Thursday, 20 February 2014

Shadows on the grass

I discovered Simon Raven via that edition of "Alms for oblivion" that came out in 3 volumes about 20 years ago. Cricket features intermittently in the series  . There's a cracking line about Captain Detterling's late cutting being a bit too late and fine for its own good ( I paraphrase violently) and some stuff which the Rees-Mogg character pulls in a school match.  It is however for "shadows on the grass" which the great man ( Raven not William Rees-Mogg) will be be remembered in cricket circles .

Or is it?

Actually I think Shadows is probably better remembered for the E.M.Swanton line about it being "The filthiest cricket book ever written" than the book itself. From what I can remember, and remind myself from a quick read through now,  Shadows itself isn't actually all that filthy and doesn't have as much cricket in it as you 'd expect. It is as much an army memoir as anything else. Raven's novels contain more filth and not much less cricket I 'd say- which if nothing else suggests E.M.Swanton never read them.

The missionary part of this is to encourage people to read Alms for Oblivion. Yes the first few books seem a bit dated but do stick with it. He hits mid- season form from book 3 onwards and the runs keep flowing for the rest of the sequence. I would say how much better it is than  " a Dance to the music of time" to which it is usually compared-invariably in a favourable manner - but I have never actually read the latter and so hesitate to make a comparative statement about it. Which is another reason why I am not E.M.Swanton.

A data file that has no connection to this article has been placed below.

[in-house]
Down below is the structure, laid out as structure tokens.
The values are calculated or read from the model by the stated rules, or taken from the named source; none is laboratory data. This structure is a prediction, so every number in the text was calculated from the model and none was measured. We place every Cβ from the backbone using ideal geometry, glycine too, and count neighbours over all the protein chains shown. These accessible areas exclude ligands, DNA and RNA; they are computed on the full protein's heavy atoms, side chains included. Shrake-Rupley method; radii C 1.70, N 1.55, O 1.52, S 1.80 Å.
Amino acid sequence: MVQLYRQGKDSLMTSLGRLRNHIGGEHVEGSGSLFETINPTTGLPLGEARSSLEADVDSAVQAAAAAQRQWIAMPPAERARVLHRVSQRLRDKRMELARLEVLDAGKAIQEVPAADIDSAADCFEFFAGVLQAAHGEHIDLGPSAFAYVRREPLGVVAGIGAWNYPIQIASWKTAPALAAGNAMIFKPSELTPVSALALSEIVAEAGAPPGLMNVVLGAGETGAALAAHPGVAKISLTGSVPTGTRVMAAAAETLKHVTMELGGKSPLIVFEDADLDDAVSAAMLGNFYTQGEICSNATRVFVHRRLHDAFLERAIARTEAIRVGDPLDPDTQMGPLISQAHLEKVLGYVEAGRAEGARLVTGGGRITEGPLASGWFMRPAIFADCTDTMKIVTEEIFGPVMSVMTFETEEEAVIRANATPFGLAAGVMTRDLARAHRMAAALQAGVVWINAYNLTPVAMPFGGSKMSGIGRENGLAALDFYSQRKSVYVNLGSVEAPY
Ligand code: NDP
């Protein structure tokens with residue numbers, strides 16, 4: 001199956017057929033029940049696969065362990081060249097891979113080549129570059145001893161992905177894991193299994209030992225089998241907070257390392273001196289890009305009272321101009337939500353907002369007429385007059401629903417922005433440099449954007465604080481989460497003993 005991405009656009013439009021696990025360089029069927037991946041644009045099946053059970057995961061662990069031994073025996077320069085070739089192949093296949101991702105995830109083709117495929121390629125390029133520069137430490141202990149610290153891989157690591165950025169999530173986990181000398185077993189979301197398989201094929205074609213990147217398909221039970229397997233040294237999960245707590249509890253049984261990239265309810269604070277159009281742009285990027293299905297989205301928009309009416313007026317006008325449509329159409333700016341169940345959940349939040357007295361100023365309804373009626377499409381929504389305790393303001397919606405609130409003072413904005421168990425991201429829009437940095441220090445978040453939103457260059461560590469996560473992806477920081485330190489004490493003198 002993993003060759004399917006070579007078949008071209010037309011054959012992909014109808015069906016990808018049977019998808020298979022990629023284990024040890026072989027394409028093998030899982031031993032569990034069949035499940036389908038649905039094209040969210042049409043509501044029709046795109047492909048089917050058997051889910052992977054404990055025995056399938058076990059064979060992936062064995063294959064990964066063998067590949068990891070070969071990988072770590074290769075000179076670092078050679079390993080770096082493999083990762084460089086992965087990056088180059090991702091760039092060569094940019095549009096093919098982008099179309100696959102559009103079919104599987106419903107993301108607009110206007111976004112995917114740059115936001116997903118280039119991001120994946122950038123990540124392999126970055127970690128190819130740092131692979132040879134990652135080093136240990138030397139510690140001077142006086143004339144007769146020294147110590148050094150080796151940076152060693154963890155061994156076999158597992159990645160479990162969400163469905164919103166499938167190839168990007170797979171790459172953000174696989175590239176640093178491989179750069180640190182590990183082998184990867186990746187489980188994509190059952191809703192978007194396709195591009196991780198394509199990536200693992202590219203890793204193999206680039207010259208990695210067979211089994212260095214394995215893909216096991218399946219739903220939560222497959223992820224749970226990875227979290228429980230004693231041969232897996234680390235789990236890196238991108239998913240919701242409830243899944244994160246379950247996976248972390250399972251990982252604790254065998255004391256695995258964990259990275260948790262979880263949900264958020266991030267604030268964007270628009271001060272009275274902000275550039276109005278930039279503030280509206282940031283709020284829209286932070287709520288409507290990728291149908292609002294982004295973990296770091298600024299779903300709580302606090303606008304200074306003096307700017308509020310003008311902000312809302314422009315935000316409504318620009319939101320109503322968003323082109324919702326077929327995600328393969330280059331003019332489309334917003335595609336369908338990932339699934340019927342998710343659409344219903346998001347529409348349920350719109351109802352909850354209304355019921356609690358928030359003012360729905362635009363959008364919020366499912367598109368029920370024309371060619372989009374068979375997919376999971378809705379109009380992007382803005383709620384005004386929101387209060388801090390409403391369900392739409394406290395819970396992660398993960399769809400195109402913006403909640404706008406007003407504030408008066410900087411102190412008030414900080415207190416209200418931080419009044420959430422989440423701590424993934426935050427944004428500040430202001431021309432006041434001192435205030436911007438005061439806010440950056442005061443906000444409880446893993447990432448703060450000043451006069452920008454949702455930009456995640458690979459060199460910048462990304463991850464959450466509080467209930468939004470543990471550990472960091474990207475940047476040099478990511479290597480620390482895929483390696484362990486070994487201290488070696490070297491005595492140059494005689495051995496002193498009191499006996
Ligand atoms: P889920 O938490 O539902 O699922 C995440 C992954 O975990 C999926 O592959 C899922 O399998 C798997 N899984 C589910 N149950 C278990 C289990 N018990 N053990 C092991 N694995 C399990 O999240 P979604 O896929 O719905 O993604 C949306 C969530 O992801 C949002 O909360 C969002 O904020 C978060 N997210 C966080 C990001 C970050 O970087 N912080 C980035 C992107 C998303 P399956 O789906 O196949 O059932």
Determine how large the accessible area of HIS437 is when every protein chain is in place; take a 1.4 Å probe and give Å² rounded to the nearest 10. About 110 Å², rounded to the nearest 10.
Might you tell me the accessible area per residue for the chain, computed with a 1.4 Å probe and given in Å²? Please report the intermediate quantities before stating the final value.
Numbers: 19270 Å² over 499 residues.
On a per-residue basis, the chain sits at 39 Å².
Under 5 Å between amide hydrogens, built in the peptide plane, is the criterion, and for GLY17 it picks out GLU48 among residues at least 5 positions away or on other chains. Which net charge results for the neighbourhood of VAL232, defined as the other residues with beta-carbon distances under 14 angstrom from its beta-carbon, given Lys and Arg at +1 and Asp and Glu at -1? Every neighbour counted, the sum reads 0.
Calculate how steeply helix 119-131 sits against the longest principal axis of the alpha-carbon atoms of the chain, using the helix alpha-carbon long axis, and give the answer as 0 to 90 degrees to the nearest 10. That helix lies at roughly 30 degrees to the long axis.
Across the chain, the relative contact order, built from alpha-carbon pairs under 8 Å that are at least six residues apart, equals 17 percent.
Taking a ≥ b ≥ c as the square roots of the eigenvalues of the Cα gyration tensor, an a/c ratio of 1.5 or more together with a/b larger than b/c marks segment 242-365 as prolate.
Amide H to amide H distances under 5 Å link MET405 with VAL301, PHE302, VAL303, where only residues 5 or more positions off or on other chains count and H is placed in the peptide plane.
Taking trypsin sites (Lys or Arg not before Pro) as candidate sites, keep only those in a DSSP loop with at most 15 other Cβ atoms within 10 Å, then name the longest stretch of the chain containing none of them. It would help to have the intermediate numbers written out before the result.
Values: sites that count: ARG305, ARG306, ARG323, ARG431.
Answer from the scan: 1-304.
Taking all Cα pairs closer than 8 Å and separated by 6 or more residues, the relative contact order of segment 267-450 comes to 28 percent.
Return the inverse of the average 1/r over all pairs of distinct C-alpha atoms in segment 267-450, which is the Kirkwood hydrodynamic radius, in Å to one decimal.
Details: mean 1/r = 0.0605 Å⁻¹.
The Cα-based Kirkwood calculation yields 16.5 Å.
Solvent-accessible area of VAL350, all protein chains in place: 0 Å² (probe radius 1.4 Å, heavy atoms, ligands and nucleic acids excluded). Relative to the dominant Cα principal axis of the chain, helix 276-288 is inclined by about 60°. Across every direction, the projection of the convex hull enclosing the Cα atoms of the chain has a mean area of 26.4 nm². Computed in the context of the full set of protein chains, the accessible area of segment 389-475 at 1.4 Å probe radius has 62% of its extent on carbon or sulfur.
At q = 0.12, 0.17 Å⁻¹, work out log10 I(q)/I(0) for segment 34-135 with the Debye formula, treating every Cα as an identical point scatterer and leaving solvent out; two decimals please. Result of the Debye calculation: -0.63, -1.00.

Coda: after Alms for Oblivion comes the First Born of Egypt sequence/sequel. These are bonkers! They start mad and get madder and madder.How much this has to do with the cricket interludes being replaced by real tennis I don't know. It may be that the causation flows in the opposite direction- as  Nigel Lawson once said-and the bonkers bit leads to nude real tennis replacing clothed,proper cricket.

Second Coda (if such a thing is allowed): a piece about cricket books being famous for a superlative statement in a review and no mention of CLR James....

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